NADOLIG. I Croeso calon i'r Nadolig Ar 01 Hedd ordoi ein tir; Haleliwia, Bendigedvg, Canwn, canwn ar ol hir Ddyddiau r amdo, Gwae a'r wylo, Am Waredydd byth i Dduw. Gylch y bwrdd mae llu o'r meibion Fu yng nghoch ferwadau' r gad; Dros Gyfiawnder hwnt ï r eigion Safent dros eu hannwyl wlad; Ar Nadolig Cysegredig, Cydfoliannwn Aer y Nef. Os dan dyweirch glas yr allfro Bell yn gorwedd yn eu gwaed Y mae cewri gynt yr henfro, Yn yr wyl clywn eco'u tr; Mewn gogoniamt Cyd-foliannant A ni am Waredwr byd. Os vw'n byrddau'n meddu Hawnder 0 ddanteithion drudfawr bras, Y mae bord y tlawd dan lomder- Cofiwn ef fel gwrthrych gras; Yn garedig, Ddydd Nadolig, Dyna wnaeth ein Iesu ni. At y Baban awn hyd Bethl' em, Fewn i'r llety llwm, dinod; Gadawn iddo'r V yn eurem, A dychwelwn dan Ei glod; Heb yr hunan Fydol anian, Mae addoli Prynwr byd. Rhoddwn ninnau enedigaeth I fendithion ar y dydd Ylcha ymaith hen elyniaeth Sydd yn bla ar Iwybrau ffydd: Ar i fyny Y mae'r Ilety Welir ynddo oreu Duw. DYFFRYNOG..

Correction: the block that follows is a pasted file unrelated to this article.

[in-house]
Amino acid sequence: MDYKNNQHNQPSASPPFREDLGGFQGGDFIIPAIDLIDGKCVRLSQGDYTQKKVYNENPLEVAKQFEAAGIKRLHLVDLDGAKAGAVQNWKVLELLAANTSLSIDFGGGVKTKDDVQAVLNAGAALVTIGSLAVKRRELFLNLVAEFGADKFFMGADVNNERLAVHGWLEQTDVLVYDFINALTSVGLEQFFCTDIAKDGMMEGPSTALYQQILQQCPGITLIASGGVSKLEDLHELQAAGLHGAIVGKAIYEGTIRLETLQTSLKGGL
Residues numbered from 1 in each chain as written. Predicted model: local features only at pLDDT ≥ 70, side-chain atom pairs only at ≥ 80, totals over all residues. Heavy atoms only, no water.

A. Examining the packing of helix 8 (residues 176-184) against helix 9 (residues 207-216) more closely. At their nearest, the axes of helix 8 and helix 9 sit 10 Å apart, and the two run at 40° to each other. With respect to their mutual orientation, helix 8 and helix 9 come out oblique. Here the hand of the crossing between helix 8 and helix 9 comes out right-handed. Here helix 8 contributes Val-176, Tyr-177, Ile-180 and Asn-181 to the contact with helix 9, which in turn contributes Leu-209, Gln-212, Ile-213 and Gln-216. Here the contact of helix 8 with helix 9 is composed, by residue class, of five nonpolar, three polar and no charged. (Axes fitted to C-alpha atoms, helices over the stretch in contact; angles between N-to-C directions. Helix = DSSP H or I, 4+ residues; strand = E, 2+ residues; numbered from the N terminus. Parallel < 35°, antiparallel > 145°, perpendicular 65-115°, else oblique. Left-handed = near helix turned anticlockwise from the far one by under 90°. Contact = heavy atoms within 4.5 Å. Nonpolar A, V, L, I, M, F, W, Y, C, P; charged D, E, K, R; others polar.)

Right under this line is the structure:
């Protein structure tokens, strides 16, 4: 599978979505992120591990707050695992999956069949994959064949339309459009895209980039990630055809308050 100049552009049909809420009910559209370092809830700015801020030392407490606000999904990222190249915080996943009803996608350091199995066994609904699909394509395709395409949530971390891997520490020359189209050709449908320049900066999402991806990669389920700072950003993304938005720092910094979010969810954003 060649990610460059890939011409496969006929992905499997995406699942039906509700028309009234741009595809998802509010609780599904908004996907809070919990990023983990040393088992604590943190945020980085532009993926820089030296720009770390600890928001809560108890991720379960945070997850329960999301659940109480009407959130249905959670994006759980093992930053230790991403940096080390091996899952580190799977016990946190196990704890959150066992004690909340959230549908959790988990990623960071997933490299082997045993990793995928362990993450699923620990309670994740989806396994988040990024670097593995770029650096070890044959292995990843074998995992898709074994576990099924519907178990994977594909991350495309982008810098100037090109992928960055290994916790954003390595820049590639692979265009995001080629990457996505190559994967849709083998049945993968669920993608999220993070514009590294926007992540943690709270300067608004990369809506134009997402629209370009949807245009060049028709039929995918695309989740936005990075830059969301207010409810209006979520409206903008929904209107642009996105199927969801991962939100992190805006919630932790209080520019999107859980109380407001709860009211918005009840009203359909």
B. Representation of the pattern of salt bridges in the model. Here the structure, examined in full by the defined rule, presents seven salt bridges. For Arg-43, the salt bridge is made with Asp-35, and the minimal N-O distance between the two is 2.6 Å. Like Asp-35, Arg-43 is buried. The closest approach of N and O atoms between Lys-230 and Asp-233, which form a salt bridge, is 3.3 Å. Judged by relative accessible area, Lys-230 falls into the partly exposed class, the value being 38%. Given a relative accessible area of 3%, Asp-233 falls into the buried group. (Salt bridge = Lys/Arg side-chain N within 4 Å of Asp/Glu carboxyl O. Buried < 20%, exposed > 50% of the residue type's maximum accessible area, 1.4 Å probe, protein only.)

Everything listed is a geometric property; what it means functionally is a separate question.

Nineteen Years! I have been free from lumbago and kidney weakness for fully nineteen years, and have excellent health at this date- 1 5,h April, 1919-thaiks to Doan's Pills," says Mr. Chas. Bloomfield, of 177, Convamore Road, Grimsby. How different until 1900 On 10th March, 1900, Mr. Bloomfield said:—" For several years I had painful bouts of lumbago and kidney complaint. I nevcrr had rest from the torment, and was laid up on occasions for weeks at a time-unable to turn in bed, and helpless every way. The dread of these sudden lumbago pains upset ray nerves and kept me from sleep. I had frequent attacks of headache and dizziness, LOO, and my sight got alarmingly dimmed. Kidney disorder was also made plain by the urine, which scalded and cast a sediment. No relief came my way till I tried Doan's Pills, but then a great change was apparent. Every day I got better. The kidneys and bladder wen plainU* fie!pci; I felt the headaches and dizziness passing off, the pains left my back, and my muscles lost their stiffness. One mon-iV- boxes of Doan' s Pills—r;d me of lumbago and of ever; <;11,igr A kidney weak-I :?ss. (??. s?) Chas. Bloomfield." ￼ Don't os? ?or ? Jne? pills or 6ae?acne piZ:. 1 Insist upon DOAN'S Back ache Kidney Pills —the kidney medicine Mr. Bloomfield recom- mends. All dealers, or Ts. 9d. a box from F ?!r 'I,Clellan Co., 6, Wells Street, ".itr,-et, London, W.I. "VirjMmmsi By People For ths People",